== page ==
Mark always prided himself as an exceptional negotiator and communicator, yet during a recent performance review with an employee, he was accused of reneging on a promotion offered during a conversation several months prior. Mark recalled the initial discussion, however both parties had a different understanding regarding the timeline for the promotion to take effect. His employee requested that a union representative also attend the performance review and Mark was informed in advance that a grievance would be filed should the matter remain unresolved.
Although Mark understood the ramifications, he was nonetheless surprised by the turn of events. He enjoyed amicable relationships with all staff and union delegates, and was renowned as a manager who treated each team member fairly. Therefore, in order to respond effectively to the concern, he needed to draw upon his greatest strength: maintaining an open-minded approach.
How often do we find ourselves in situations where we are certain that our version of a past conversation is correct? Do we assume that we have achieved agreement and discover later that uncertainty lingers? And when we are challenged to clarify the specifics, do we experience discomfort when the tone of the discussion turns sour, or worse, the relationship becomes strained or irreparable?
In the example above, both parties were convinced that their respective facts regarding the previous discussion were accurate. In order to successfully manage misunderstandings, the key is to prepare…and to ask the right questions.
Ask more, tell less
Effective communication is a learned skill. When the potential for conflict exists or another party raises concerns that take us by surprise, the notion of remaining objective may elude us, as we often default to a combative response, or prefer to avoid the situation all together. Rather, we can be far more productive by enhancing our understanding of the other individual’s position prior to explaining our own. We begin by asking engaging, open-ended questions. For example: “I’ve been reflecting on our conversation regarding the promotion that we discussed several months ago and want to ensure I understand your thoughts. What do you remember about our discussion?”
Listen before responding
Silent has the same letters as listen. Adopting an unhurried, thoughtful approach to your communication involves the art of earnestly listening to others. Never underestimate the power of silence during a conversation. A pause often yields unexpected, positive outcomes. In addition to giving yourself room to breathe, you create new opportunities for your question to be reflected upon and for you to truly listen to the other party’s answer.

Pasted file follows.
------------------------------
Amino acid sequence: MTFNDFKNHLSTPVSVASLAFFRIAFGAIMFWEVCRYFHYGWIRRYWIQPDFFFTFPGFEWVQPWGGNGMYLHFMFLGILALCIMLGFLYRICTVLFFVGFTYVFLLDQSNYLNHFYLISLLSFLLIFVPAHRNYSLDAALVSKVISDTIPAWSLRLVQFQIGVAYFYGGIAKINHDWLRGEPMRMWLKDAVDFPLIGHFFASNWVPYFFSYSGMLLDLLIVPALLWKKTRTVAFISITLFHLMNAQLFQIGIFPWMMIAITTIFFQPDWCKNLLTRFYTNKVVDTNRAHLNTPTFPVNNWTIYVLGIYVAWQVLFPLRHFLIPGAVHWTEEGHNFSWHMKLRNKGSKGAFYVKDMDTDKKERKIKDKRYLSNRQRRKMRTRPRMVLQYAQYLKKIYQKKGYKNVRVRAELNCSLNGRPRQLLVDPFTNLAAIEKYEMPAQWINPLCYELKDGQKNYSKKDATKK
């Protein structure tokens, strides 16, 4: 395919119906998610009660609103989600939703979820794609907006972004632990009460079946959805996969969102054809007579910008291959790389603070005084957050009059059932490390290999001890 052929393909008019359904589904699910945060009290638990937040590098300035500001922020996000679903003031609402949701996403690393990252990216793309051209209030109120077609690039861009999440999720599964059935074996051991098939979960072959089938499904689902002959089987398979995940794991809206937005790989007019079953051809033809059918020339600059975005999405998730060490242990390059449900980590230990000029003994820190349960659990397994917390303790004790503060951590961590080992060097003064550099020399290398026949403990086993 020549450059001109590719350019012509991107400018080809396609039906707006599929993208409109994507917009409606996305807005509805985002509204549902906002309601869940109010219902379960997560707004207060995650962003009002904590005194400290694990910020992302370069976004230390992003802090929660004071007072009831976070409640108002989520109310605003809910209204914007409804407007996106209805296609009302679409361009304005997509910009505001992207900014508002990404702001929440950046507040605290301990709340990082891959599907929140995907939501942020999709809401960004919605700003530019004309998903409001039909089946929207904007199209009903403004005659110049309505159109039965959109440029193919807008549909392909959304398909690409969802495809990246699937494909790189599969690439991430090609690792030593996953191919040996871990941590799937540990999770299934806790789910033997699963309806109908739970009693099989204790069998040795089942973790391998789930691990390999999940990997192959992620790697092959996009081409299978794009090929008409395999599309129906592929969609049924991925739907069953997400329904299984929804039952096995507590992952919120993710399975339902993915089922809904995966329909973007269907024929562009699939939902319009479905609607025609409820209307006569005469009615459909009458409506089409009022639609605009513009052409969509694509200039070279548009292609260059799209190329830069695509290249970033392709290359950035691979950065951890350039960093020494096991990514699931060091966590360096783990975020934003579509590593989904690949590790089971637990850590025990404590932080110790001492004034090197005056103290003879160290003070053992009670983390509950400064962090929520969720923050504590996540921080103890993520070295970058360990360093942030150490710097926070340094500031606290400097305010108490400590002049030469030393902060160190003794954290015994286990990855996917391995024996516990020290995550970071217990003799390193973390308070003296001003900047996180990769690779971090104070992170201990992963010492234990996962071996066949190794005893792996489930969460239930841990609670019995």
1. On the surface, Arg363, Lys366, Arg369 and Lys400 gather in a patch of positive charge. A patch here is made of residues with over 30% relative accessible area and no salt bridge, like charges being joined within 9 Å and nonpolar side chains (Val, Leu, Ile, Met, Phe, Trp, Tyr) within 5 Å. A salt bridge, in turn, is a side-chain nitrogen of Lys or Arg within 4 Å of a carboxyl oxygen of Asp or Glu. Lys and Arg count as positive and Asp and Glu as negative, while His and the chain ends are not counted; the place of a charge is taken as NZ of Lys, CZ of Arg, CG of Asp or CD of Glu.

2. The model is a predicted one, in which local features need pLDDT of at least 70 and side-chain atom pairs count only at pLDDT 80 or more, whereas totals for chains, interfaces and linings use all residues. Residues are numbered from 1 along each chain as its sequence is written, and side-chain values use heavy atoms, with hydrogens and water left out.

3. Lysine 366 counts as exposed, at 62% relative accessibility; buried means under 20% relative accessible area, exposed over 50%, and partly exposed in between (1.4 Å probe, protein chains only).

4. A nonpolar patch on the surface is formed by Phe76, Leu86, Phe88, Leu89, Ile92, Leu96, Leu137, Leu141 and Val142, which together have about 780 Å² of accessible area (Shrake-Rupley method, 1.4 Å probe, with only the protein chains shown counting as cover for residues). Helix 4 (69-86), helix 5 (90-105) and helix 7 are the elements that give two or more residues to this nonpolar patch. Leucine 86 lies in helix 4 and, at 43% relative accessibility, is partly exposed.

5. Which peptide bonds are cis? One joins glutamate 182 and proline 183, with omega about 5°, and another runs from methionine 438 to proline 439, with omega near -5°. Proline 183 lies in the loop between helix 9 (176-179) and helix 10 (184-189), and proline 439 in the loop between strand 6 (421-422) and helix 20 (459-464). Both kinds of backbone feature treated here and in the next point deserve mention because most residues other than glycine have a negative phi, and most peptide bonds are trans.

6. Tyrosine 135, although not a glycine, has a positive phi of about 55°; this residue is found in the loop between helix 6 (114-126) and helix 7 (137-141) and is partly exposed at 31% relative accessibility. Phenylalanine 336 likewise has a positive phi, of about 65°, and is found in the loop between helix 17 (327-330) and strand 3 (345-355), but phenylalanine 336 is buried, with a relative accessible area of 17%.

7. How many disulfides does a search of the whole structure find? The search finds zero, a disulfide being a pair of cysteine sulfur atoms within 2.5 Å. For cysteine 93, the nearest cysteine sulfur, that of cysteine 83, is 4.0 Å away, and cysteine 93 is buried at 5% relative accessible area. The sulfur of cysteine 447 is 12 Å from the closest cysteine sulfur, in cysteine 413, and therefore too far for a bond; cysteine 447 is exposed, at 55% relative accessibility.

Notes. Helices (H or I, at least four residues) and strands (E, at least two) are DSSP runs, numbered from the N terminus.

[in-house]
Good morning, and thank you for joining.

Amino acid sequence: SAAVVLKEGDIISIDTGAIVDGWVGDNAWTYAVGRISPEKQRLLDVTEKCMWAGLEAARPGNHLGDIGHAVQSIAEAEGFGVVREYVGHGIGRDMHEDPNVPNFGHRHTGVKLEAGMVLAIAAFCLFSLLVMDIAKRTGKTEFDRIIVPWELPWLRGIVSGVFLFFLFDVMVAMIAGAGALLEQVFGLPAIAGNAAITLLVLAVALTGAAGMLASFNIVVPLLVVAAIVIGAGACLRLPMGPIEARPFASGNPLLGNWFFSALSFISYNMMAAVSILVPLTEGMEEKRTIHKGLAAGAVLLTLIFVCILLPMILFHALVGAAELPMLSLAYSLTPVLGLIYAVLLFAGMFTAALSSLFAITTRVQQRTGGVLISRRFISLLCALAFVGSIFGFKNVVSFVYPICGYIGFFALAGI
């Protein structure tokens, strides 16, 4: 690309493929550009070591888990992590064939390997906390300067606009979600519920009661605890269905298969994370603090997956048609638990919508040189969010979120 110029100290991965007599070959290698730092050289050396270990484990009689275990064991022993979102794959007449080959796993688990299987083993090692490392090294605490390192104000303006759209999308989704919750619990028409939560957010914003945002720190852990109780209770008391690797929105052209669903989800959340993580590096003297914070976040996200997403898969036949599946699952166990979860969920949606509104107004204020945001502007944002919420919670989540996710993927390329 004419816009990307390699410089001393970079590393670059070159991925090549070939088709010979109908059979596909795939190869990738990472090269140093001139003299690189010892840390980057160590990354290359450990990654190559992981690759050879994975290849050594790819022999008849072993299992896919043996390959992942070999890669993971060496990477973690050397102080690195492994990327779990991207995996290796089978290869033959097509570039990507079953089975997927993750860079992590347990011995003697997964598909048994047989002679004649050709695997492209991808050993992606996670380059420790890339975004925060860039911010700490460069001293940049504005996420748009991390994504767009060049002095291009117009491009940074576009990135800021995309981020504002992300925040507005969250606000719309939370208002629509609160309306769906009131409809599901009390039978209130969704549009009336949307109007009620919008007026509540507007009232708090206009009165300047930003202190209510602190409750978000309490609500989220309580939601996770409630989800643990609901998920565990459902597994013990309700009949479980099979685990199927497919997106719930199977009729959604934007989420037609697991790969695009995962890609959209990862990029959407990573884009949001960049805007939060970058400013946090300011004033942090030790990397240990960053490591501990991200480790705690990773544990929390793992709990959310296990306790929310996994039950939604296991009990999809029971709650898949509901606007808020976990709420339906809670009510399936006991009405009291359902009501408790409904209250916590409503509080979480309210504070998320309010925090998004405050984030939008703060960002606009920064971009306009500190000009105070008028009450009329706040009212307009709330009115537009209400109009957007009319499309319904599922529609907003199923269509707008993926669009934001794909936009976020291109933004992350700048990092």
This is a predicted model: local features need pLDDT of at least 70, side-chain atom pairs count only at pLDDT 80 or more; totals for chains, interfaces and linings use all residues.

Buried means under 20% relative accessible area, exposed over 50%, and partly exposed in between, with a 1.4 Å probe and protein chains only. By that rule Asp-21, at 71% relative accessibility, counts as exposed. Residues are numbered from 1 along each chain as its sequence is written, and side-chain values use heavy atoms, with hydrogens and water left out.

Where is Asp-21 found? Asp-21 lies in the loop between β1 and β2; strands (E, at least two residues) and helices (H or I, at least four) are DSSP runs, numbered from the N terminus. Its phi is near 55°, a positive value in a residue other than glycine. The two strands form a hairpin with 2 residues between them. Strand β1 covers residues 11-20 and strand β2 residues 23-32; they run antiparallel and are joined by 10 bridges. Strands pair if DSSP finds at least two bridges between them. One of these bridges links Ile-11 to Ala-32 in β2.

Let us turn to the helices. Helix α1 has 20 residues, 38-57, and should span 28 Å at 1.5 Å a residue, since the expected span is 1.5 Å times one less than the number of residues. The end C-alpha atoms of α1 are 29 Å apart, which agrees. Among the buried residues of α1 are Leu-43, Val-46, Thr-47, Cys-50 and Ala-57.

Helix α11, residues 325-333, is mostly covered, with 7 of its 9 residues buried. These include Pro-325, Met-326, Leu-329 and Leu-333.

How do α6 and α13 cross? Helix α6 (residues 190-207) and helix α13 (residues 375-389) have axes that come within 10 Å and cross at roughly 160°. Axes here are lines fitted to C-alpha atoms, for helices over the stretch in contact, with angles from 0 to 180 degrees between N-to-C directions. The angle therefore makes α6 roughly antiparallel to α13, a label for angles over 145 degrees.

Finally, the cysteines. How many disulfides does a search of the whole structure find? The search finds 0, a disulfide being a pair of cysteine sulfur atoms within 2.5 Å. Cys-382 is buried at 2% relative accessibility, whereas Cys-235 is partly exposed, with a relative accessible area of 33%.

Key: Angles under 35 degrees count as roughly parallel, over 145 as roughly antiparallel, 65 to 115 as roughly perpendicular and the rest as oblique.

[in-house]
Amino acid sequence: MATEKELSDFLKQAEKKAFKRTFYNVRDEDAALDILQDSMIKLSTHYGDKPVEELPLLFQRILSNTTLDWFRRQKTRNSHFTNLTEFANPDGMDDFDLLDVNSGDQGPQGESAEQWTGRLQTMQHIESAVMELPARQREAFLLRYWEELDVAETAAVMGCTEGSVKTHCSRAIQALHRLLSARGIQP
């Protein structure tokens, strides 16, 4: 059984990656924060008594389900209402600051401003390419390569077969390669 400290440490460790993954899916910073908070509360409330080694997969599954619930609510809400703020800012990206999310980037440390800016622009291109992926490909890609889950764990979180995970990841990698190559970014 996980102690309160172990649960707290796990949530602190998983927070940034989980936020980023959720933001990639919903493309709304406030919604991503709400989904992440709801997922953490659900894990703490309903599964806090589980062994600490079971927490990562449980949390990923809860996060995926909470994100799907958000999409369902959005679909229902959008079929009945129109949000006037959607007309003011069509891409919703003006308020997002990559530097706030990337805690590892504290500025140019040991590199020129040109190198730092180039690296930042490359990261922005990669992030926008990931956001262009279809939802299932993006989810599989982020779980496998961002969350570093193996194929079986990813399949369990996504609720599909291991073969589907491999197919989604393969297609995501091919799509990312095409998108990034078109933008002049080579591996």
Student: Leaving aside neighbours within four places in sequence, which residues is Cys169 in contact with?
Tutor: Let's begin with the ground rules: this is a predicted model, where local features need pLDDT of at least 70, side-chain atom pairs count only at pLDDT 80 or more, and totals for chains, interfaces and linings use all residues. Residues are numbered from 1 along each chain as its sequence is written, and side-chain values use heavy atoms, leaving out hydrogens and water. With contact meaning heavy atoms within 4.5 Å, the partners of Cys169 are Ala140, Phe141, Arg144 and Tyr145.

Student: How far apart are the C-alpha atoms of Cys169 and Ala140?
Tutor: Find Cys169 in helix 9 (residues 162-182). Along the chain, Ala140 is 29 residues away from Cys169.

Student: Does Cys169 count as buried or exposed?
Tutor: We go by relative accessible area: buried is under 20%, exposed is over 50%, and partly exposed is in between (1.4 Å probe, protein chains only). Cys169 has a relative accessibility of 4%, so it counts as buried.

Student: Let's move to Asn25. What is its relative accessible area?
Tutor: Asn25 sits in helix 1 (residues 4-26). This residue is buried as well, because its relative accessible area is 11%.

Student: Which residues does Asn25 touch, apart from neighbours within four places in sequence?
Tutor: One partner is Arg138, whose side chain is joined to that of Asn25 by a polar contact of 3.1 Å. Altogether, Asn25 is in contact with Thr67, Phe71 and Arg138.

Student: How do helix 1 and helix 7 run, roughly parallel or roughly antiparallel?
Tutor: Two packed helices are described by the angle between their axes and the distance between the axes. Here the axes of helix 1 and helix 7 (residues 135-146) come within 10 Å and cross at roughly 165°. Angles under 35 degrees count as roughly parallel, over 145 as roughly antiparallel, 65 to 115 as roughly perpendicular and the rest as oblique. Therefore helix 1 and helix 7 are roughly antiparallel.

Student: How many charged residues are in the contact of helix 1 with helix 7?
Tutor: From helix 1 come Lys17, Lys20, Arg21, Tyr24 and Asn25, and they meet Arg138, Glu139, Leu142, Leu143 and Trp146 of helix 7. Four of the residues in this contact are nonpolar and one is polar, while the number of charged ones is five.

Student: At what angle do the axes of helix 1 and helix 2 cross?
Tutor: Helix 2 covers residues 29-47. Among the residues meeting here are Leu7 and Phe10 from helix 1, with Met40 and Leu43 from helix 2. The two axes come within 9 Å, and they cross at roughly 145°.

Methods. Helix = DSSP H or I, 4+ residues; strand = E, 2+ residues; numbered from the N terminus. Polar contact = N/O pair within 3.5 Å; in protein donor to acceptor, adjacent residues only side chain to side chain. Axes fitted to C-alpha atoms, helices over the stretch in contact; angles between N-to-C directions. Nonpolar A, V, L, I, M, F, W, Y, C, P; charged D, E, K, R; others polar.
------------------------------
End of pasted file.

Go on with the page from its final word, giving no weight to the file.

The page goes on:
Avoid questions that imply judgment
In order to gain understanding, it is important to ask questions that are less likely to put the other party on the defensive. For example, asking: “Why do you think I reneged on a promise to promote you?” may cause further tension, because “why” can imply blame and “you” in this context can be interpreted as an accusation. Instead, focus on paying attention to the other person’s perspective, i.e. “tell me more about your concerns regarding our discussion about a promotion.” The key is to first acknowledge, even if you don’t agree.
Have a dialogue rather than a monologue
You can argue your point, or you can acknowledge differences. By allowing the disparity to exist, you demonstrate your capacity for open-mindedness, even though another individual’s account of the facts may not resemble yours. Giving consideration to different perspectives can serve you well. By asking rapport – building questions you are engaging in a conversation, rather than enforcing your point of view.
We cannot control another person’s response. However, we can control our own. Outstanding communication skills can be learned, and have greater potential to impact the direction of a conversation. By earnestly practicing the art of asking questions, you will likely find that you are better equipped to clarify misconceptions, heighten understanding and avert confusion. Most importantly, you will be ideally positioned to create opportunities for finding solutions or common ground that may not have otherwise been possible.